22 August 2019
Hong Kong student protesters have taken to Firechat to communicate, using its blue-tooth technology to bypass online channels. Photo: The Verge
Hong Kong student protesters have taken to Firechat to communicate, using its blue-tooth technology to bypass online channels. Photo: The Verge

How online democracy is shaping social communication

Any agency or communications professional will be swift to point out the challenges that corporates face these days in terms of social communication and reaching the client.

While solutions that fill up our smartphones and tablets may enable instant worldwide contact, the number of possibilities can have the reverse effect.

The evolution is fast. Two months ago you may have been hard pushed to describe Firechat but the protests in Hong Kong have thrust it into the spotlight.

Students and pro-democracy protesters used the blue tooth-based system to communicate without having to go online and risk prying eyes or even as was claimed at the time, a temporary blocking of the internet.

But what is it that creates this explosion of uptake for one app or another?

In the end, it is the evolving needs of individuals who are not satisfied any more simply with a tool that allows us to speak for free to friends and family or even strangers.

The Firechat example is clear: an instant communication tool was needed that would circumvent any possible controls on the internet.

Other examples are just as interesting. WeChat became universally adopted in Asia and China originally because of its interactive icon capability.

But this has evolved and its voice message and payment features are attracting groups, sometimes that are wanting to interact publicly but out of the public eye.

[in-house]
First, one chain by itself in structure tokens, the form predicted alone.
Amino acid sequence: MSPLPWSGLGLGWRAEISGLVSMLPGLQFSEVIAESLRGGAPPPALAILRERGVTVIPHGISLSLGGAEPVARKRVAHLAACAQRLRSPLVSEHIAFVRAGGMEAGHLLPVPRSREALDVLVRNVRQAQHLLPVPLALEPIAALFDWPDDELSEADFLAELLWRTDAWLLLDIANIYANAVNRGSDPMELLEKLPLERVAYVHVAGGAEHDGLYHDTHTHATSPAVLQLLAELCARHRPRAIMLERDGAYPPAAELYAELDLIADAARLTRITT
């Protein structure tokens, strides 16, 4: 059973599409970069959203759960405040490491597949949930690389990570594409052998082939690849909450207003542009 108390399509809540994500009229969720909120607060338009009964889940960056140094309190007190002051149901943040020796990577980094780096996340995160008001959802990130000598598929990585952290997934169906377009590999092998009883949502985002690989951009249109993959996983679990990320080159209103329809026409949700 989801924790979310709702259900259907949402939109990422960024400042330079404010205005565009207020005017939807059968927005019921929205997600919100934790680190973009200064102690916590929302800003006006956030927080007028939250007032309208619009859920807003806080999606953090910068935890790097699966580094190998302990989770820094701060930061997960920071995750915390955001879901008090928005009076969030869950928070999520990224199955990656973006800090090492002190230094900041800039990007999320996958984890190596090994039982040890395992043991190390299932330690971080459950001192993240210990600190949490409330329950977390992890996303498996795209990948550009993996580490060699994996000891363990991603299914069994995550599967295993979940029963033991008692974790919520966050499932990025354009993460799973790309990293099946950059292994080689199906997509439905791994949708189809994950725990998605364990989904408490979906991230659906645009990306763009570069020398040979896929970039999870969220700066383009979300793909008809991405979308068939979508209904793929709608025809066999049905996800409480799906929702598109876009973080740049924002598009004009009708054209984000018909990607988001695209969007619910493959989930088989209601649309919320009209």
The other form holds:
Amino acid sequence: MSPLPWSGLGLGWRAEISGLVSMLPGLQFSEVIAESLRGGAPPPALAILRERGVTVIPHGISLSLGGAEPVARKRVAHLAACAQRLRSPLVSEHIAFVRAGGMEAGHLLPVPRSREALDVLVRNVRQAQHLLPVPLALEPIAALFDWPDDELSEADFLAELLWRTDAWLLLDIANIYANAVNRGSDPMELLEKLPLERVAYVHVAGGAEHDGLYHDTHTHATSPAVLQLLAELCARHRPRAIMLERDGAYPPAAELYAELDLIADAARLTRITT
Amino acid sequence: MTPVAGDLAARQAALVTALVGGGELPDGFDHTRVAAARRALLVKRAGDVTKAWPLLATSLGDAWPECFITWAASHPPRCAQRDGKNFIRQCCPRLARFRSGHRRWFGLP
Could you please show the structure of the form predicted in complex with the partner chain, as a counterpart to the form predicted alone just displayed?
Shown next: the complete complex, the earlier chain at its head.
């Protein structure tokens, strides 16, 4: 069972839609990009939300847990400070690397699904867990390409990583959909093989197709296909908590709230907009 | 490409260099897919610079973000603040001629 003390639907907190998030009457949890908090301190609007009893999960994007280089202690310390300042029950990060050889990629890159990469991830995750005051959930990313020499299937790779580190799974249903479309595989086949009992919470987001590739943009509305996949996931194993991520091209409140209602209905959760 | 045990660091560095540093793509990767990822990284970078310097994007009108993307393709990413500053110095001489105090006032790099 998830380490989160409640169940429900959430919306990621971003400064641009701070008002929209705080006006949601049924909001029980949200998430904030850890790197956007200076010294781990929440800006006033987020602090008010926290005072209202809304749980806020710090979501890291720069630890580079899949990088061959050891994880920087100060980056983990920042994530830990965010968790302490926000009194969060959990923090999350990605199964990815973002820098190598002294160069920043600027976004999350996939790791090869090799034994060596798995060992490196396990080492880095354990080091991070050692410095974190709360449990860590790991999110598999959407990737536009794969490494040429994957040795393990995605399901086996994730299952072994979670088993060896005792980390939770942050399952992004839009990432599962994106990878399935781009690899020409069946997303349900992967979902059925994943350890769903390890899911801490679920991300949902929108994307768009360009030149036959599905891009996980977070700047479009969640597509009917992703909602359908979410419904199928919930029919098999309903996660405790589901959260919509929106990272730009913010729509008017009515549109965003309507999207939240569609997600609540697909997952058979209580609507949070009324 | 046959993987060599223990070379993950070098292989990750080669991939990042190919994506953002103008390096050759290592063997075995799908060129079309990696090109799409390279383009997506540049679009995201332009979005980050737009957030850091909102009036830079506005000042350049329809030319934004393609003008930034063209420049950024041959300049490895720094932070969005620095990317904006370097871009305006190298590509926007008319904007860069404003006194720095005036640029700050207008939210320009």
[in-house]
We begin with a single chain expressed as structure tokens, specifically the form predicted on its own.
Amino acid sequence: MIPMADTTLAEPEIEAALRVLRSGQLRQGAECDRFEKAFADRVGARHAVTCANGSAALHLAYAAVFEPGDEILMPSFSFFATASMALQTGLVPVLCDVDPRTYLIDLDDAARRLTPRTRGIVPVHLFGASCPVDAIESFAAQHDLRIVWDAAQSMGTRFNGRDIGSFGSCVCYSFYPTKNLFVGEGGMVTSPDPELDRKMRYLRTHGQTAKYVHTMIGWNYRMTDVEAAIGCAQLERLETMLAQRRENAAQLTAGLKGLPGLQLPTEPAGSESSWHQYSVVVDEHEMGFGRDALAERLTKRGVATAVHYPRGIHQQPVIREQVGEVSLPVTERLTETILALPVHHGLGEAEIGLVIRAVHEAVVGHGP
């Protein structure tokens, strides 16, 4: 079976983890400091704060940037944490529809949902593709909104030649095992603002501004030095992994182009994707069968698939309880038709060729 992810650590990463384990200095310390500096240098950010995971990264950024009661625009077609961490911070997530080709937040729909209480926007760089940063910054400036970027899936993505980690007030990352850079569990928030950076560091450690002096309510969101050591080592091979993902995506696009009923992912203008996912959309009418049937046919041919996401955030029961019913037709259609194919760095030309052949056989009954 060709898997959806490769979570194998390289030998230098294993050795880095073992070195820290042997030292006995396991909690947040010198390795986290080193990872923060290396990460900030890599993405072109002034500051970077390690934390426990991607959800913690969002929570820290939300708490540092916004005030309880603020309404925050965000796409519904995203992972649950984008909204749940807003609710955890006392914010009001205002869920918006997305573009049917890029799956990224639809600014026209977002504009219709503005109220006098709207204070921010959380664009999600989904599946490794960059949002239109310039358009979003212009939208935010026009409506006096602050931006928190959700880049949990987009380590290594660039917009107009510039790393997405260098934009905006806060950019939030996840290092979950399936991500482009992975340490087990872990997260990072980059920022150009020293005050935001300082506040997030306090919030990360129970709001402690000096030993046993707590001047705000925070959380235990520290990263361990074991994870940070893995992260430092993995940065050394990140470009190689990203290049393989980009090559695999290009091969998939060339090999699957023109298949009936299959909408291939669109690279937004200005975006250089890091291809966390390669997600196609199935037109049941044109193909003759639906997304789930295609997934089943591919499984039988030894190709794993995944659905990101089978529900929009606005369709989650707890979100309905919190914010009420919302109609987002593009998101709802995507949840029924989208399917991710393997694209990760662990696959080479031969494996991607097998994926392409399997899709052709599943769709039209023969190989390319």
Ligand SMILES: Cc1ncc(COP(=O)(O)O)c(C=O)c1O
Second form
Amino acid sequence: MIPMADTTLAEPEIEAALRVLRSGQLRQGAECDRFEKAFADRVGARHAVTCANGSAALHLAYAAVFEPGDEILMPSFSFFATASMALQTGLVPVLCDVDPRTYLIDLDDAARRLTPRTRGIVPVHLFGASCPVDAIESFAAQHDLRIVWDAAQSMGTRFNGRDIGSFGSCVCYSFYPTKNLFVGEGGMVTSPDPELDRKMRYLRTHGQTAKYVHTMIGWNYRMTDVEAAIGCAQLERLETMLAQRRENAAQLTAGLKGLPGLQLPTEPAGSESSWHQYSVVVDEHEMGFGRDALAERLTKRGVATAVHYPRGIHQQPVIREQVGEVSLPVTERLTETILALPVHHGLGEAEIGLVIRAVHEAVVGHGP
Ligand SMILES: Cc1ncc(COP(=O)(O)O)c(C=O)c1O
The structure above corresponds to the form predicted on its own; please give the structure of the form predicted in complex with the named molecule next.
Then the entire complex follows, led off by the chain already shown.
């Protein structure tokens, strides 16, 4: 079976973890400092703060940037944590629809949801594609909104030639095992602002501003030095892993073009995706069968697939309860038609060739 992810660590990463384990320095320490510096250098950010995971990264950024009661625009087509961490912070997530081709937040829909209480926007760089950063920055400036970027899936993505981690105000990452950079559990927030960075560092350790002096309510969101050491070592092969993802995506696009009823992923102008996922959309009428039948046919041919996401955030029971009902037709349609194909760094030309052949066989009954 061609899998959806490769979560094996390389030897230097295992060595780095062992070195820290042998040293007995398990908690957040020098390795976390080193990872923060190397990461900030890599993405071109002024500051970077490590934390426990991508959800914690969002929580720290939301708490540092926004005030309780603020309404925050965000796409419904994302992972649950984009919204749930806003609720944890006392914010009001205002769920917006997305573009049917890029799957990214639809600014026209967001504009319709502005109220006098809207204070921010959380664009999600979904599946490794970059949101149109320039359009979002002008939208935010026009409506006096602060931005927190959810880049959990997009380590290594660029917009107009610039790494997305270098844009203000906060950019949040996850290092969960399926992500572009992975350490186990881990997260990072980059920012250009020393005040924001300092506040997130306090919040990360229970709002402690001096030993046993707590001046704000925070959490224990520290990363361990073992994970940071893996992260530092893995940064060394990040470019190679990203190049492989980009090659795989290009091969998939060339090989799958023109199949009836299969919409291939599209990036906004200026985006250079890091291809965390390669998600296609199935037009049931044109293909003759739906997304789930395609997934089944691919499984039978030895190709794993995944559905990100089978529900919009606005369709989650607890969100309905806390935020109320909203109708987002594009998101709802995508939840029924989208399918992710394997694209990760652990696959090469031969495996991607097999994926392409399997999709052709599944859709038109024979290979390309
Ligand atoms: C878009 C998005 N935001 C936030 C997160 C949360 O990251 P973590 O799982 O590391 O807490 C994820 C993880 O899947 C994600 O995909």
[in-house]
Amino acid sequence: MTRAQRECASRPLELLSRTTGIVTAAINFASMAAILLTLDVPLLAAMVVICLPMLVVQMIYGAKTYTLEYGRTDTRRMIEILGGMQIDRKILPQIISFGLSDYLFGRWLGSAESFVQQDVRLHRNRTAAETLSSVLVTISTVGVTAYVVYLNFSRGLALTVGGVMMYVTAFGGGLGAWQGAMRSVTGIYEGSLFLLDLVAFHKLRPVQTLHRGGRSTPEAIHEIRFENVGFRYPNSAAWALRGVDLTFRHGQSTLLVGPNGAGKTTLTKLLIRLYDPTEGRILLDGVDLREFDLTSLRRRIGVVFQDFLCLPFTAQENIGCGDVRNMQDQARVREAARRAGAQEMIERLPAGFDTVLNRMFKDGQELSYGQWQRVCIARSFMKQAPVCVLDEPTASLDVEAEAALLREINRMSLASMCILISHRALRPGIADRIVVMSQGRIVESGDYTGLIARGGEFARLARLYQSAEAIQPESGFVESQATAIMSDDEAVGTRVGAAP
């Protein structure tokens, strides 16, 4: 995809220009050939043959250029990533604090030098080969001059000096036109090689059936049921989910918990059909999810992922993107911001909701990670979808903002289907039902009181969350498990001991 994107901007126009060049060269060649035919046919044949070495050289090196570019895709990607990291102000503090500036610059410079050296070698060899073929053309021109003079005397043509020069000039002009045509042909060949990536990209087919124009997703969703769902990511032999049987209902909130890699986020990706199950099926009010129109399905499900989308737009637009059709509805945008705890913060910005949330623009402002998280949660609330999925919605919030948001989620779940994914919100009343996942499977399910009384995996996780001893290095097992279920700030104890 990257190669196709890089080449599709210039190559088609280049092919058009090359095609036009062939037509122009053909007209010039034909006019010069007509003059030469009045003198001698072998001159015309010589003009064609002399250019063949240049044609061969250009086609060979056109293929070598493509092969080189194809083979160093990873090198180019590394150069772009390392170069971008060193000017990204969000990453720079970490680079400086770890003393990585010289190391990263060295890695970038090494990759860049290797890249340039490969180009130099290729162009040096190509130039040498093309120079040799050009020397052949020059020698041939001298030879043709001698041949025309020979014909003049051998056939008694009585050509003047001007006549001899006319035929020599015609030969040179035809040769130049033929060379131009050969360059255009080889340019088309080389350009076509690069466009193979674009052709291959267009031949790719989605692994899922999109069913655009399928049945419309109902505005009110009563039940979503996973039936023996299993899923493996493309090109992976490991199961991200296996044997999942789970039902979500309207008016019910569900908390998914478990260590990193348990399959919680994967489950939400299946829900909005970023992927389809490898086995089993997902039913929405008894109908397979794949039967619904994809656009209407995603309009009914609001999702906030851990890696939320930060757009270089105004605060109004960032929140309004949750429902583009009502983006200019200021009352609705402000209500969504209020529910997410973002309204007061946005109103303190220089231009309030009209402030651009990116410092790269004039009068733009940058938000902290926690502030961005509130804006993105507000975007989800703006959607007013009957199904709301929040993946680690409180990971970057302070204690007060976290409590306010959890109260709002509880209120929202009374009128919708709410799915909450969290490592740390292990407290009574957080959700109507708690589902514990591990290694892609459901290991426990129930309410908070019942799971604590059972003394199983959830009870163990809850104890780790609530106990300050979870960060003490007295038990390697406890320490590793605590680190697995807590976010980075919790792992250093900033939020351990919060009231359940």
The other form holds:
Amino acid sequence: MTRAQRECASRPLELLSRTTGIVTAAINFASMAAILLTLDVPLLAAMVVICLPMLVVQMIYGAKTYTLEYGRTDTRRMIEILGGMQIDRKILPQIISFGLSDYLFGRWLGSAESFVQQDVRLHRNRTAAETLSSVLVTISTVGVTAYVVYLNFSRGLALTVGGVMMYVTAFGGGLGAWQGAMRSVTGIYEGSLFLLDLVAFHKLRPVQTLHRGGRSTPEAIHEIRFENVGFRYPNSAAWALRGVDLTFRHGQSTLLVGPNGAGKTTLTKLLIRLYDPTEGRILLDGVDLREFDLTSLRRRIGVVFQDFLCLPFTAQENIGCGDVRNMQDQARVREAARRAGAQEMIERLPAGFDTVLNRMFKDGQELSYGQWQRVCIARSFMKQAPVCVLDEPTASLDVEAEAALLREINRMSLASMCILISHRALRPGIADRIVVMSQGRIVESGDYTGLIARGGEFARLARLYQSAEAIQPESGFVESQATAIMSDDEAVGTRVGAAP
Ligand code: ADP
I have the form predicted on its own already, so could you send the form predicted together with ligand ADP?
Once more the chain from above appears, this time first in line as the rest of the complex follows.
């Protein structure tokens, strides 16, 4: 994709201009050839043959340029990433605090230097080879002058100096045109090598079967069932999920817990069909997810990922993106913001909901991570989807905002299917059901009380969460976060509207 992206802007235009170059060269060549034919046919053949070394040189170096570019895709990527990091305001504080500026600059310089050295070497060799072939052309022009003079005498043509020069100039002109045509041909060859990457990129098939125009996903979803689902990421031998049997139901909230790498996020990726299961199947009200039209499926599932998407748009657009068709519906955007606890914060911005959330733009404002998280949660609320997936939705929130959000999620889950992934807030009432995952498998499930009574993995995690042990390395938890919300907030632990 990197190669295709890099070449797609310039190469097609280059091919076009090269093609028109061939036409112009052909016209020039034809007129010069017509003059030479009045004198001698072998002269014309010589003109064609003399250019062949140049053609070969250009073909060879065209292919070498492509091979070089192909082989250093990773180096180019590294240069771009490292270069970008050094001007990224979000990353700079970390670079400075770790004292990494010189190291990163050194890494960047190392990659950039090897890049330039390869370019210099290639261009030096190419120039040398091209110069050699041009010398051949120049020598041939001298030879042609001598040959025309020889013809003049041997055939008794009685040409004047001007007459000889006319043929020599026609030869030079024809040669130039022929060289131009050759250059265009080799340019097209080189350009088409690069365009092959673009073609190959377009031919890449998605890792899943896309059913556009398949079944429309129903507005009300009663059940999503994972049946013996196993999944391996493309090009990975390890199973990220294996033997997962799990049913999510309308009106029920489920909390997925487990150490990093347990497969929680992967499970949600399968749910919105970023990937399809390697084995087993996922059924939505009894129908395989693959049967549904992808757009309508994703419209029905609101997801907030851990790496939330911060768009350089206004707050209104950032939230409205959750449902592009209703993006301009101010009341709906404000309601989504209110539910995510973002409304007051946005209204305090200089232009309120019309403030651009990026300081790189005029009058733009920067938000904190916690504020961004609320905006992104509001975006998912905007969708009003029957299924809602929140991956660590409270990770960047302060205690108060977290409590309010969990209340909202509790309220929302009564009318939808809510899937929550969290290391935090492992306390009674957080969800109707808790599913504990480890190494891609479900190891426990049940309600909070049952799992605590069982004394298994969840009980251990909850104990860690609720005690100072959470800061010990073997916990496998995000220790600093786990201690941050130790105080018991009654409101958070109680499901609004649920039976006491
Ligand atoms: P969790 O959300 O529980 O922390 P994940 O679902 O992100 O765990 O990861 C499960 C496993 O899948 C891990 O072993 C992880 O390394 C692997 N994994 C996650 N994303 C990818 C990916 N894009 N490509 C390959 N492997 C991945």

A blog on NPR even quotes a Beijing academic who suggests that “what Weibo has done for freedom of speech, WeChat has done for freedom of association”, and may be used by those wanting to circumvent the Communist Party’s ban on non-governmental political groups).

What these adoptions show is the characteristic that allow particular groups to carve themselves out from the whole.

As a worldwide community technology progress is making us more connected but the desire is growing for a private network within this, that may have certain needs.

Do we want a universal standard for social communication? I’m not sure.

It seems likely that in fact we will become more fragmented as online democracy means that individuals can move towards the group that they most identify with.

For businesses this does mean that communication with customers becomes more complicated and for any campaign you have to decide which of the applications to tackle.

As individuals the trend may continue of maintaining social media networks of our “friends” and our friends will be kept even closer.

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A business trend observer, Tim Nicholls is Director at Paradigm Consulting and formerly Regional Communications Head at HSBC in Asia.

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